Short-termism has become a serious concern for corporate governance, and this has inspired a search for institutional arrangements to promote long-term decision-making. In this paper, we call attention to long-term ownership by industrial foundations, which is common in Northern Europe but little known in the rest of the world. We use a unique Danish data set to document that industrial foundations are long-term owners that practice long-term governance. We show that foundation ownership is highly stable compared to other ownership structures. Foundation-owned companies replace managers less frequently. They have conservative capital structures with low financial leverage. They score higher on an index of long-termism in finance, investment, and employment. They survive longer. Overall, our paper supports the hypothesis that corporate time horizons are influenced by ownership structures and particularly that industrial foundations possess characteristics that promote long-termism. Policymakers, business owners and managers interested in promoting long-term governance models should therefore reconsider the role of ownership structure.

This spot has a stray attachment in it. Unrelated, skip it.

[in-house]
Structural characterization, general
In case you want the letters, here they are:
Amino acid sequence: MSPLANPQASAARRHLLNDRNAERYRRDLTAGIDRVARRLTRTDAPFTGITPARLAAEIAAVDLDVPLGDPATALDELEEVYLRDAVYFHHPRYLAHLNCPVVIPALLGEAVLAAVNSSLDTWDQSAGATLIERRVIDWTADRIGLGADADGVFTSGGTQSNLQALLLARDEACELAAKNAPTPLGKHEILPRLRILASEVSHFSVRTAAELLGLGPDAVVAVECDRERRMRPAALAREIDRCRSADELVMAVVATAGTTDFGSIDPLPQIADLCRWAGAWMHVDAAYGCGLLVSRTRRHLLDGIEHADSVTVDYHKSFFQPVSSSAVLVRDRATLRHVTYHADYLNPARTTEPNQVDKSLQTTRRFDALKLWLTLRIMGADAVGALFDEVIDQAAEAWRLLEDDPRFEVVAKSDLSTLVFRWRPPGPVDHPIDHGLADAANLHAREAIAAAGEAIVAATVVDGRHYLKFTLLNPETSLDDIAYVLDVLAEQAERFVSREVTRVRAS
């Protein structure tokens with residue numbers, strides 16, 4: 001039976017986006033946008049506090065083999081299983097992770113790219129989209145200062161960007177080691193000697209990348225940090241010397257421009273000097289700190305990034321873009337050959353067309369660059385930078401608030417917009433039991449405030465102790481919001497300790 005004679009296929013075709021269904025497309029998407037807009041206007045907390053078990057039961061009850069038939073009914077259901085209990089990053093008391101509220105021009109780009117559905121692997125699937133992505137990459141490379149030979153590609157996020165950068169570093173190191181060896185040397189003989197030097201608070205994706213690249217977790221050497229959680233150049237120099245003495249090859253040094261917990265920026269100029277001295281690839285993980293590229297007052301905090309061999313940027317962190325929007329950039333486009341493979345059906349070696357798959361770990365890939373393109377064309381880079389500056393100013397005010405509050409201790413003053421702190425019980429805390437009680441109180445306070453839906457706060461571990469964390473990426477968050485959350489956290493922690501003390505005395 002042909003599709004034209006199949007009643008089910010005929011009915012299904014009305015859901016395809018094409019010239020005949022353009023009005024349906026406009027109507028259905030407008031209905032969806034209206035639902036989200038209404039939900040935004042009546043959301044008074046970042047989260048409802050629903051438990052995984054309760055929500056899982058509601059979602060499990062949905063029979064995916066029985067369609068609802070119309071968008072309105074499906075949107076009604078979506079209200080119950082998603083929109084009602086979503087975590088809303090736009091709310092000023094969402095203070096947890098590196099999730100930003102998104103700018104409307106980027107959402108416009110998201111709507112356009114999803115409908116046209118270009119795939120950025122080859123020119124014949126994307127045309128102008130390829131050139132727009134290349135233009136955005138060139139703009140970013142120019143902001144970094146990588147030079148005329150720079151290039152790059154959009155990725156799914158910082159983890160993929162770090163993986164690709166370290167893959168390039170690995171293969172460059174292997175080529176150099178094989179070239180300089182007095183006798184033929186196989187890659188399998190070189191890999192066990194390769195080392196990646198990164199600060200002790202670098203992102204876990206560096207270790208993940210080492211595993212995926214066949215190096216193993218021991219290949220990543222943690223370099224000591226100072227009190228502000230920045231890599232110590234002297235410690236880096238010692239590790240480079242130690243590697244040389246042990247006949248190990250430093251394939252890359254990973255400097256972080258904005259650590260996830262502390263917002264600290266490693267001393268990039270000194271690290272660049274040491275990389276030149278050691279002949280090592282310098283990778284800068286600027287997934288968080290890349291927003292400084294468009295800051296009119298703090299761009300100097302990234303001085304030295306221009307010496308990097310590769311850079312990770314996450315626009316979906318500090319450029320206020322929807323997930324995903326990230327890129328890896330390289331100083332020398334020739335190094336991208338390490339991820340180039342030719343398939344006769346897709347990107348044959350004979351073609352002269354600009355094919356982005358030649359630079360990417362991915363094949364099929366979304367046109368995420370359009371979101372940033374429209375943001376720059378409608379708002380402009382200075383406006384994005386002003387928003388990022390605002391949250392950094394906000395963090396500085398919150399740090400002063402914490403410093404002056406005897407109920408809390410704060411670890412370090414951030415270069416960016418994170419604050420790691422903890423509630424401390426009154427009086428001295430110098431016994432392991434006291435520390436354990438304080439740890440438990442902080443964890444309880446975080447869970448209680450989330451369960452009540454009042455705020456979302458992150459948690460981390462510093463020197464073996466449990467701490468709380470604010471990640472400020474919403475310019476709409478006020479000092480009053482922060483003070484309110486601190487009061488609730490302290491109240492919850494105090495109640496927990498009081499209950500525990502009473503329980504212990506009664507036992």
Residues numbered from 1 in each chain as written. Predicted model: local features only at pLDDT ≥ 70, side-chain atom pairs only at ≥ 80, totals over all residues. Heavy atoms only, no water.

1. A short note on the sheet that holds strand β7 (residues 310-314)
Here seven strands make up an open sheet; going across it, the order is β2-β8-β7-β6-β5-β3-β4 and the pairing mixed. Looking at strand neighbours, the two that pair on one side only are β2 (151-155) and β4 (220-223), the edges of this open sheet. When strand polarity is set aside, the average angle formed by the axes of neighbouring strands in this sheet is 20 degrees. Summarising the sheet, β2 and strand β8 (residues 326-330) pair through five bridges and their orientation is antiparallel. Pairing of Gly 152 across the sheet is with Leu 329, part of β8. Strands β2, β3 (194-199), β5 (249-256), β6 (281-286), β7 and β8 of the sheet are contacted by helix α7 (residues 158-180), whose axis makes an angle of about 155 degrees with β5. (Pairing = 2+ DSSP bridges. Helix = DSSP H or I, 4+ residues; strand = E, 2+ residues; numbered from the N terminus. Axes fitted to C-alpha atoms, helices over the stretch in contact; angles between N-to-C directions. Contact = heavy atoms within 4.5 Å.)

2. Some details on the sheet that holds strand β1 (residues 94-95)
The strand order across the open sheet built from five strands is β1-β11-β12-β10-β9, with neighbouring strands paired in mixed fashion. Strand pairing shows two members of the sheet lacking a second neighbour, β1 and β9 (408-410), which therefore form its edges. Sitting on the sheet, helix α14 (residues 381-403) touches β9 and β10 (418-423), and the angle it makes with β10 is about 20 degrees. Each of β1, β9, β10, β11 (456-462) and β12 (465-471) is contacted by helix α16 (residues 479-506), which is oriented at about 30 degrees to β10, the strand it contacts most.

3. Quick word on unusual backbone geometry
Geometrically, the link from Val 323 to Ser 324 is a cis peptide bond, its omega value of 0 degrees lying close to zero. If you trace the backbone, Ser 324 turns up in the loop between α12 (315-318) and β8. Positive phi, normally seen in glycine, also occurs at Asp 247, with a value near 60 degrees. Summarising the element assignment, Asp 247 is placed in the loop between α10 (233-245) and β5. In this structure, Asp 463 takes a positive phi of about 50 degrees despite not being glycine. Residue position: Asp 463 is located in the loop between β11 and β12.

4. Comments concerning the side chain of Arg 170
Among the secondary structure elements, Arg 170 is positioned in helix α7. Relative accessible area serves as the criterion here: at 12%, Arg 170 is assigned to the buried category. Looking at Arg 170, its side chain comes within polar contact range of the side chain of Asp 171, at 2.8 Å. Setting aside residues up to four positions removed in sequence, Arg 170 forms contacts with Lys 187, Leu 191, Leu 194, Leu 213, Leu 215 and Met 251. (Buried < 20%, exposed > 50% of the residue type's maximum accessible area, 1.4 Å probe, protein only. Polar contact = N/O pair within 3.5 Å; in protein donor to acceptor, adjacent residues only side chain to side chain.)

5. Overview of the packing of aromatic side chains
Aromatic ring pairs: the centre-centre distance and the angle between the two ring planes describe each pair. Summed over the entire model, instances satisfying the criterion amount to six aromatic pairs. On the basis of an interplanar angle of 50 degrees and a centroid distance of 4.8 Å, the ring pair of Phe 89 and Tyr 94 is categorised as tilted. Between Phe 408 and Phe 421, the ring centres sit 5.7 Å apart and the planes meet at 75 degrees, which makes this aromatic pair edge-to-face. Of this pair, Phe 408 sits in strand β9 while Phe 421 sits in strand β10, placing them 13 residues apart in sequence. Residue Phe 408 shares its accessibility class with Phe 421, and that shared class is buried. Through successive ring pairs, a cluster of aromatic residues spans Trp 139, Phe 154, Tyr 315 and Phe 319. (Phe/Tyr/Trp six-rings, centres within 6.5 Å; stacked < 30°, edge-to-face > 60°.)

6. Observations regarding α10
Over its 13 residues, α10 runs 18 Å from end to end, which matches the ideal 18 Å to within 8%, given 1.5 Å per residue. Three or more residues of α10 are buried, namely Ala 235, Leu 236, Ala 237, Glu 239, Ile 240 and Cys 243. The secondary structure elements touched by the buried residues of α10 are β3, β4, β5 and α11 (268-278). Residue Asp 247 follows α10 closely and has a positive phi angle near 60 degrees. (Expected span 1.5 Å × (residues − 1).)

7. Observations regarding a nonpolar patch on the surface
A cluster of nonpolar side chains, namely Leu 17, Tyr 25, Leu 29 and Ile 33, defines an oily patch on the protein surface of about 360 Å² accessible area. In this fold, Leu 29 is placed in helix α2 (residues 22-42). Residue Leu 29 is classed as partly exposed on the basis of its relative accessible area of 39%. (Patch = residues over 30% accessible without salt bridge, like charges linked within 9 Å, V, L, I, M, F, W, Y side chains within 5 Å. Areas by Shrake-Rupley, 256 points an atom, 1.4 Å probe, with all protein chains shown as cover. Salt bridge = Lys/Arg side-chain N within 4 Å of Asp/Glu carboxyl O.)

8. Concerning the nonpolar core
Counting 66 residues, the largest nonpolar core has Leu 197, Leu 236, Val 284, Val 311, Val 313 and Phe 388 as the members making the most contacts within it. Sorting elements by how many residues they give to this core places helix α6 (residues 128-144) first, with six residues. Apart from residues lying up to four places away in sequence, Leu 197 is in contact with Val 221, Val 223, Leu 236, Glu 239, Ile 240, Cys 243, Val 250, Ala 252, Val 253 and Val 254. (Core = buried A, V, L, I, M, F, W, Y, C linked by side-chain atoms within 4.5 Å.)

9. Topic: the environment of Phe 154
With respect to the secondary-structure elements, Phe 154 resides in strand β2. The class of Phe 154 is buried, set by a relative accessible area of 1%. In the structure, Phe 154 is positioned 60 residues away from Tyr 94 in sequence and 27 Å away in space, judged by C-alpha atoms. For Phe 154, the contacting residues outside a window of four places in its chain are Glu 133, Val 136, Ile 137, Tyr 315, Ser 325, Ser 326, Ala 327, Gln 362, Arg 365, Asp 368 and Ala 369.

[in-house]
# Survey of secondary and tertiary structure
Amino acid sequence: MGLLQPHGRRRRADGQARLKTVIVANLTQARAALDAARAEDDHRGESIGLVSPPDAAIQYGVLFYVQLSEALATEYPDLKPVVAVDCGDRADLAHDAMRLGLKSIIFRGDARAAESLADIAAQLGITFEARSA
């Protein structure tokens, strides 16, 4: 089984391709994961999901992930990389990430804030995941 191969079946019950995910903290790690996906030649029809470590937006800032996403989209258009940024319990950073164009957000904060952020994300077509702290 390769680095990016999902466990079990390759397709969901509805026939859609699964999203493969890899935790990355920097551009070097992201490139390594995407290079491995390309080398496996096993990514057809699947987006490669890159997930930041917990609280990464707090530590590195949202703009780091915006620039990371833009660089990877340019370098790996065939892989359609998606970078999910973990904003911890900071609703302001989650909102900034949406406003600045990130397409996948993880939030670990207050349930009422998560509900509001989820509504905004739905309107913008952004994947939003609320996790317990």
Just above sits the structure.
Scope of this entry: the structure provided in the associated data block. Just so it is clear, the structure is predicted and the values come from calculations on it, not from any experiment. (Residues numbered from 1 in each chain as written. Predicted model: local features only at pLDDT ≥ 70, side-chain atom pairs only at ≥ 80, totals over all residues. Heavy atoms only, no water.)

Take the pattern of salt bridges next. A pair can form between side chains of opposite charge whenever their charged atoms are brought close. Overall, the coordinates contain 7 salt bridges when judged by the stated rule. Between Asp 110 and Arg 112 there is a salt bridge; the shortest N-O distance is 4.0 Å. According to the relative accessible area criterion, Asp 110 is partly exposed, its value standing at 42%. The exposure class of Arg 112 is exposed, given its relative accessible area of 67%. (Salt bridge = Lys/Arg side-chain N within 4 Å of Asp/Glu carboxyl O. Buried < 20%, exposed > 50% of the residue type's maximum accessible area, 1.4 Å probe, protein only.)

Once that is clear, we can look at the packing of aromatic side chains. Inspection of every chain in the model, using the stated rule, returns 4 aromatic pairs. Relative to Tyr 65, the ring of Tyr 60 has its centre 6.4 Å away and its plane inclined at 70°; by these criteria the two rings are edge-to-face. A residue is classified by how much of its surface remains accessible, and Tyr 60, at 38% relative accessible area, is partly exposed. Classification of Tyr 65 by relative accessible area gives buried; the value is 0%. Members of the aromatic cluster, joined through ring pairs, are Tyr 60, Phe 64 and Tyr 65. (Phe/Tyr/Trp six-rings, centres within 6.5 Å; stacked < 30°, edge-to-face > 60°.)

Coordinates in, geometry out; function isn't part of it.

|Place of Publication||Brussel|
|Publisher||European Corporate Governance Institute (ECGI)|
|Number of pages||60|
|Publication status||Published - 2018|
|Series||ECGI Working Paper in Finance|
- Corporate governance
- Industrial foundations